An international voluntary agreement has been struck between the UK, France, Flanders and the Netherlands designed to stimulate international trading of secondary resources left over after waste incineration, such as incinerator bottom ash. As LetsRecycle.com reveals the deal, signed on March 3rd in Brussels, could also impact on the trading of refuse derived fuel (RDF), plastics and compost. The deal will allow improved recovery from Incineration Bottom Ash (IBA) of plastics and ultra-fine non-ferrous metals such as aluminium, lead, zinc, silver and gold, with one Dutch company – Inashco – having already developed a technique to recover these materials from IBA. A team made up of government representatives and business communities from the participating countries will continue to work on further solutions aimed at removing trade barriers at borders.
Meanwhile, the UK government is reviewing whether recovery of IBA material should count towards the nation’s overall recycling performance and has asked the European Commission for a ruling. Some of the EU’s top performing Member States on recycling including Austria and Germany are already counting material recovered from IBA towards recycling rates.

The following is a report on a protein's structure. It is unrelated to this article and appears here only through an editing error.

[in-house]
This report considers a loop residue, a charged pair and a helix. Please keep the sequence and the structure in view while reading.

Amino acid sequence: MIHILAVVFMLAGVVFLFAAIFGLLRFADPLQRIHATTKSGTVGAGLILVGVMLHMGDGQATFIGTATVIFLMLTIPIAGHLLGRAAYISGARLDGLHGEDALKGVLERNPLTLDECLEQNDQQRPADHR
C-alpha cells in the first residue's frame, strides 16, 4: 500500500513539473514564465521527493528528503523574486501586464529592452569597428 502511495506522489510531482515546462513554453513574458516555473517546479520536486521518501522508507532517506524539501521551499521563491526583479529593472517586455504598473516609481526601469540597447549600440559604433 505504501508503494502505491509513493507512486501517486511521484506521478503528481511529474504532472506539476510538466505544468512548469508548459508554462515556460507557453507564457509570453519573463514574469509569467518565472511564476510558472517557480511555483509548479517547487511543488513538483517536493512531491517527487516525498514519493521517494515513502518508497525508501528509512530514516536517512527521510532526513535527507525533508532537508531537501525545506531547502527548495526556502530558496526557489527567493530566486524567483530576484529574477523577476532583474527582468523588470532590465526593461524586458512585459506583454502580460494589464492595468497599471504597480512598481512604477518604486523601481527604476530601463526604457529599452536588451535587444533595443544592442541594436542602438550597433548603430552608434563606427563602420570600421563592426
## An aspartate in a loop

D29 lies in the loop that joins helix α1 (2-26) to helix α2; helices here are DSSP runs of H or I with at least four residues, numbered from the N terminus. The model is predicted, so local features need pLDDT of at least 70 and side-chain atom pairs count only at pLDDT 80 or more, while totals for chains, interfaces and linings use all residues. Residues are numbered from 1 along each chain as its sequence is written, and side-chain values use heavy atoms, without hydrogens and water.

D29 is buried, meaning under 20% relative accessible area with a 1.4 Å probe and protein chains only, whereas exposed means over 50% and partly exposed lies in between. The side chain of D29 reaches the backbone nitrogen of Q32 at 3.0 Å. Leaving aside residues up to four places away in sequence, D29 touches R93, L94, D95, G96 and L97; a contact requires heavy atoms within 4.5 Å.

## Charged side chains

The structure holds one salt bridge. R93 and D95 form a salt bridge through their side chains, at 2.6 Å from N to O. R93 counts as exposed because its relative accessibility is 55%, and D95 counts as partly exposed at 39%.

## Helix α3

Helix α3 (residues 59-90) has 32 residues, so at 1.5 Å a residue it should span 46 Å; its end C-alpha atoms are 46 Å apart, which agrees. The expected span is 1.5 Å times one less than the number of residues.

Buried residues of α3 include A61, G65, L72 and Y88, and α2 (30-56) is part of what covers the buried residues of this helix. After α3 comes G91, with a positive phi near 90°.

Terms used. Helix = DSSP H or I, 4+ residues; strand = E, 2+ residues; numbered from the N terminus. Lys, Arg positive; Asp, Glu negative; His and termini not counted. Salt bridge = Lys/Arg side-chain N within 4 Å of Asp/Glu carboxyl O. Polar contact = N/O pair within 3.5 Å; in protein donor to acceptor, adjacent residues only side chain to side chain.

The agreement also offers a boost for the biogas sector in the countries as compost will be easier to trade in other country’s markets where it is viewed as fertiliser rather than waste, according to the statement. In the longer term, new materials may be also added to the listed materials until 2021, if there are perceived policy barriers to export.
This is one more step towards the creation of a common European Secondary Materials Market without the traditional trade and bureaucratic barriers, something usually called a Waste Shengen Area.